Accepting payments for the customer and doing it all RIGHT – is a challenge. It requires resources, IT base, well built technology that has all necessary capabilities… It costs A LOT. The overall financial risks can be considerable, so, for this scheme of outsourcing the pricing is essential. My estimates and models show that this type of business will be profitable and will be able to grow in a healthy way if the fees for the company outsourcing payments will be between 5 and 10% (depending on the type of a business and the types of risks).

    By the way, you are a member of my group on LinkedIn created for the specific type of businesses – online games. These companies in my opinion will embrace this model first, just because they need it BADLY. In a sense they’ve done that already, there are several successful aggregators… pardon!… PaaS businesses 🙂 in this domain.



  4. Matt Harris says:

    unfortunately the term PaaS is already relatively commonly used to refer to Platform as a Service in the payments world. the second google result is:


  5. Erin, thanks for a great post!

    I have to agree with Alex’s comment — to me payments as a service is both a technical solution and a simplification/streamlining of the complexities of payments. Ideally, I think it should be as simple for a merchant as asking the “payment service” whether or not I got paid on a particular order/transaction — that simple question is often difficult to answer but it is certainly the way I try and work. Offering just a technical solution doesn’t always help the merchant with the global complexities, and likewise, without a sound technical solution having payment methods anywhere and everywhere is more costly than it could be worth!

  6. John BaRoss says:

    PaaS – Good idea Allen (pronounce it “Pace”[?] – a potential double entendre!) My opinion is that players in this space could range from niche specialists to complex turnkey solution providers – either directly or via an ecosystem of partners that provide all of the suggestions Erin made along with pioneering alternative payment solutions, identity theft protection services, risk management consultation, legal and regulatory guidance, multi-channel management, IT development that enables device and network agnostic solutions and KPO/BPO (on or off shore) to manage any aspect of PaaS from check out flow design (cart or one-off) analysis and refinement to even call center support for payment related issues from eRetailers &/or consumers. Business models for the breadth of these offerings could vary from premium offerings to differentiated bundle bonuses for longer term contracts.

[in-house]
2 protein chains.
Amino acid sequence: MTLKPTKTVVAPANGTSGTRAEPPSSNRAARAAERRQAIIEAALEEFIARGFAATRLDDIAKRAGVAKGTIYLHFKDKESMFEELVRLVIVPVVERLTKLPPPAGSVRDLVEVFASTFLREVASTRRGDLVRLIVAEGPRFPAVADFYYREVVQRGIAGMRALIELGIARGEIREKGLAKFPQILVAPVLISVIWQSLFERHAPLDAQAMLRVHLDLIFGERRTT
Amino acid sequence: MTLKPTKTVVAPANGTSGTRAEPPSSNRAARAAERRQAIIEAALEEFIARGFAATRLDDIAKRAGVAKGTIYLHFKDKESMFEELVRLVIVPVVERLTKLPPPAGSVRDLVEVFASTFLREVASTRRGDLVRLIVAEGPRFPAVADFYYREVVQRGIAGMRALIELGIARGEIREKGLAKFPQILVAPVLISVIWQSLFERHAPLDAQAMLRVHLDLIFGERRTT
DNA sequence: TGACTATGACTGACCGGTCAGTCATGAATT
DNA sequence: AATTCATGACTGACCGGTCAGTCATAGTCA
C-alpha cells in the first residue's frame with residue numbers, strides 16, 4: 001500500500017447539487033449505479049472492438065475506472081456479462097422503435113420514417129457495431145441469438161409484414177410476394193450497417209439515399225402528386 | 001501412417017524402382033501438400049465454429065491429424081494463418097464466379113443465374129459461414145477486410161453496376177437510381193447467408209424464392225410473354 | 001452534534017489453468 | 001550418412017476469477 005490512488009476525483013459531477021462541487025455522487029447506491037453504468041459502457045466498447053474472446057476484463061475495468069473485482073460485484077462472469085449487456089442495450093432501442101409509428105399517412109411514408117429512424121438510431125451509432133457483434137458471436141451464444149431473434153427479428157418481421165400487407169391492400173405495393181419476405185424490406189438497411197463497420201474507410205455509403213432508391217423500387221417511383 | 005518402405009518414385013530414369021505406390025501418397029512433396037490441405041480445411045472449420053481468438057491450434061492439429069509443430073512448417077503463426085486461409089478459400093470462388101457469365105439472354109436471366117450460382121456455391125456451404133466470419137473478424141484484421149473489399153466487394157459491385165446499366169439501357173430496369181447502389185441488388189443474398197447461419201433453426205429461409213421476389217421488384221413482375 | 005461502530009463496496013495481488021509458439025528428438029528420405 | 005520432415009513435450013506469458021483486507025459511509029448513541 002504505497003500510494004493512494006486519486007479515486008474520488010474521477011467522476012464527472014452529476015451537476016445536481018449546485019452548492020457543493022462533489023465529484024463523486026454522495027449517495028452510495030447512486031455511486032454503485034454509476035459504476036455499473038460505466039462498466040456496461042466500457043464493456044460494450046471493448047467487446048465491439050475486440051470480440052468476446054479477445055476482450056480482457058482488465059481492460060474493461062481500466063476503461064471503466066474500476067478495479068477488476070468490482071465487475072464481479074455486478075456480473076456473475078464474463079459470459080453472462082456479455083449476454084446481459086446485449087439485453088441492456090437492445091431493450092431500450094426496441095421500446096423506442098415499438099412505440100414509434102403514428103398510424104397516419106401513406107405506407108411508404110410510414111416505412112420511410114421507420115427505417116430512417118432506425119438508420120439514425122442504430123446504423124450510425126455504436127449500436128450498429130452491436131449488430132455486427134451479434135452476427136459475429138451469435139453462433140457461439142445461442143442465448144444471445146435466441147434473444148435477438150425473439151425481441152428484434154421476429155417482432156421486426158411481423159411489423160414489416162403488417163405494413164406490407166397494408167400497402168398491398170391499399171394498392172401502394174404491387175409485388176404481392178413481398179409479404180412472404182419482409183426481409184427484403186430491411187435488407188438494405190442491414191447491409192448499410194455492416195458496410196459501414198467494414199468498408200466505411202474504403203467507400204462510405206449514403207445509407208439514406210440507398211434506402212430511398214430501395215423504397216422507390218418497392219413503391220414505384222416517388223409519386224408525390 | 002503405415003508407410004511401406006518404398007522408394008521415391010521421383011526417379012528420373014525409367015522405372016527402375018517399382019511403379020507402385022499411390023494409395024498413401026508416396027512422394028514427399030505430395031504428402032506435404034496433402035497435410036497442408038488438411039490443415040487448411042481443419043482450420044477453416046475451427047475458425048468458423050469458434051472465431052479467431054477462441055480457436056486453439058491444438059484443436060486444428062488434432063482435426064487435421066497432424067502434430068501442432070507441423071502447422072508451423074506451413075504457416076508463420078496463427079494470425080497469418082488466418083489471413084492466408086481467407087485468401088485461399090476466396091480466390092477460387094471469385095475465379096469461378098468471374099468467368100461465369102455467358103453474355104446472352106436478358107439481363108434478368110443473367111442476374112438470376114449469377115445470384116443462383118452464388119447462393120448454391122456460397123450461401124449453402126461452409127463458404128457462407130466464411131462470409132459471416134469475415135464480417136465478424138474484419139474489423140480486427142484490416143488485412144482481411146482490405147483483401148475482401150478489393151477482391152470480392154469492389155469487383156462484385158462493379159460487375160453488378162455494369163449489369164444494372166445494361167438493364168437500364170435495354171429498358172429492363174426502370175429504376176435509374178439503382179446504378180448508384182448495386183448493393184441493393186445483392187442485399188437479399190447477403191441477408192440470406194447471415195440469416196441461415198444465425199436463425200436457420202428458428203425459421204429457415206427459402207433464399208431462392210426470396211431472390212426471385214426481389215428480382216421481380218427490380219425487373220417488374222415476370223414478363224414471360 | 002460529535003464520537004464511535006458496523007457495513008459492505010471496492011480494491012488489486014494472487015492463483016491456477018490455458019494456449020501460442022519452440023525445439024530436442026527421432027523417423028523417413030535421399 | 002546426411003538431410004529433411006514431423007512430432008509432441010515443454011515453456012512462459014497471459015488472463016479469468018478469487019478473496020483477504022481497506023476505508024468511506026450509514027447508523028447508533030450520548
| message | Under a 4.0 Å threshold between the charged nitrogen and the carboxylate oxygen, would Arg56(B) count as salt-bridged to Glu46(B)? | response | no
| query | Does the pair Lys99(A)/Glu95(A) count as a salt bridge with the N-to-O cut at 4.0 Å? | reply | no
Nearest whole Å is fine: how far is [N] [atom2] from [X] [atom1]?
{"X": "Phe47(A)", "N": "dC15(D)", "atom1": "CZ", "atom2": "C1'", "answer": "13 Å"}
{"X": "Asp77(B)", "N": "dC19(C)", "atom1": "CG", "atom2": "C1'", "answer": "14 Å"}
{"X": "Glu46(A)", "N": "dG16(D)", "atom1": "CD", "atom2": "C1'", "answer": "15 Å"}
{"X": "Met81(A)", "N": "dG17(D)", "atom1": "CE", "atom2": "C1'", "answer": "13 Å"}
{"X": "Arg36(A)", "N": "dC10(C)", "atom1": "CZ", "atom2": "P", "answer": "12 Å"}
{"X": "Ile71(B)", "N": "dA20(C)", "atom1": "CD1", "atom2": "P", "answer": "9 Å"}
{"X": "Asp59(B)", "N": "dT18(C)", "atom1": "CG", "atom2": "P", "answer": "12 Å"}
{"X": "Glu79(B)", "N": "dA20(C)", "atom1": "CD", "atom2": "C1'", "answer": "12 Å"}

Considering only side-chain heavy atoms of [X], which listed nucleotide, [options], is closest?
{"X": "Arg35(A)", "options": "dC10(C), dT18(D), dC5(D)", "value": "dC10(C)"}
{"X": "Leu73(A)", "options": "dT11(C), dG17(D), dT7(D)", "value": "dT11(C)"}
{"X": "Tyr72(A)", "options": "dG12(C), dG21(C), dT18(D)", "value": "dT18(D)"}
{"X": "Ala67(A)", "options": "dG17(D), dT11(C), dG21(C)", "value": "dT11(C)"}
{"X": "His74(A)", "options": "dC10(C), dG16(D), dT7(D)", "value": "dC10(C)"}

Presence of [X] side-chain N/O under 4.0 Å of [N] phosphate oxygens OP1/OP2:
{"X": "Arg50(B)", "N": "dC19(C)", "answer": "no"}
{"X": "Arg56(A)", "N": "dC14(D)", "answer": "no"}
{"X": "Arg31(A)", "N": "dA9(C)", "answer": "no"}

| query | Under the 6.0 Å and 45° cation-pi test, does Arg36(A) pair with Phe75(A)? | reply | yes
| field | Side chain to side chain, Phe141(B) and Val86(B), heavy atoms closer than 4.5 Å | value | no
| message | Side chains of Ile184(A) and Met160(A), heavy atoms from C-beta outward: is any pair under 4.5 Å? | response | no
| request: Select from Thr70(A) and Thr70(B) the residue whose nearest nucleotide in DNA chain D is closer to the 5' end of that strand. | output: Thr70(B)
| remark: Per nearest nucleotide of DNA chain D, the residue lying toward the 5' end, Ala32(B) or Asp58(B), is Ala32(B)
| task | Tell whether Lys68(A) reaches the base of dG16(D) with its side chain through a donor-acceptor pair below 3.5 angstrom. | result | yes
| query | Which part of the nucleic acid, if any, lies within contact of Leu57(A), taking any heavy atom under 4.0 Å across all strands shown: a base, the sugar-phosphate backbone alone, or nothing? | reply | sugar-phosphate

7. Greg McGraw says:


    I agree with your comment about hosted order pages being around since Day 1. Especially for ecommerce payments, gateways began with hosted payment pages then merchants wanted more control, more styling freedom and the shift to distributing gateway functionality like accepting payments on your site began. Now it is the norm that only a small percentage of gateway merchants use their legacy hosted pages and instead have opted for the ‘advanced integration methods.’ Result: Good for ‘look and feel, Bad for credit card security since websites are generally on insecure servers, based on PCI standards.
    I am seeing many larger merchants now desparately seeking outsourced payment acceptance solutions even when they know they can afford to go the entire PCI compliance route themselves. Outsourcing is not new, it’s just taken on a renewed push in payment security. I like the PaaS, but I’ve been using SaaS or Security-as-a-Service in my business to describe the process of extracting payment acceptance security from payment processing. I also agree that it’s not just about PCI. It’s about ease of integration, access to more gateway features, and the flexibility to change gateways without starting from scratch.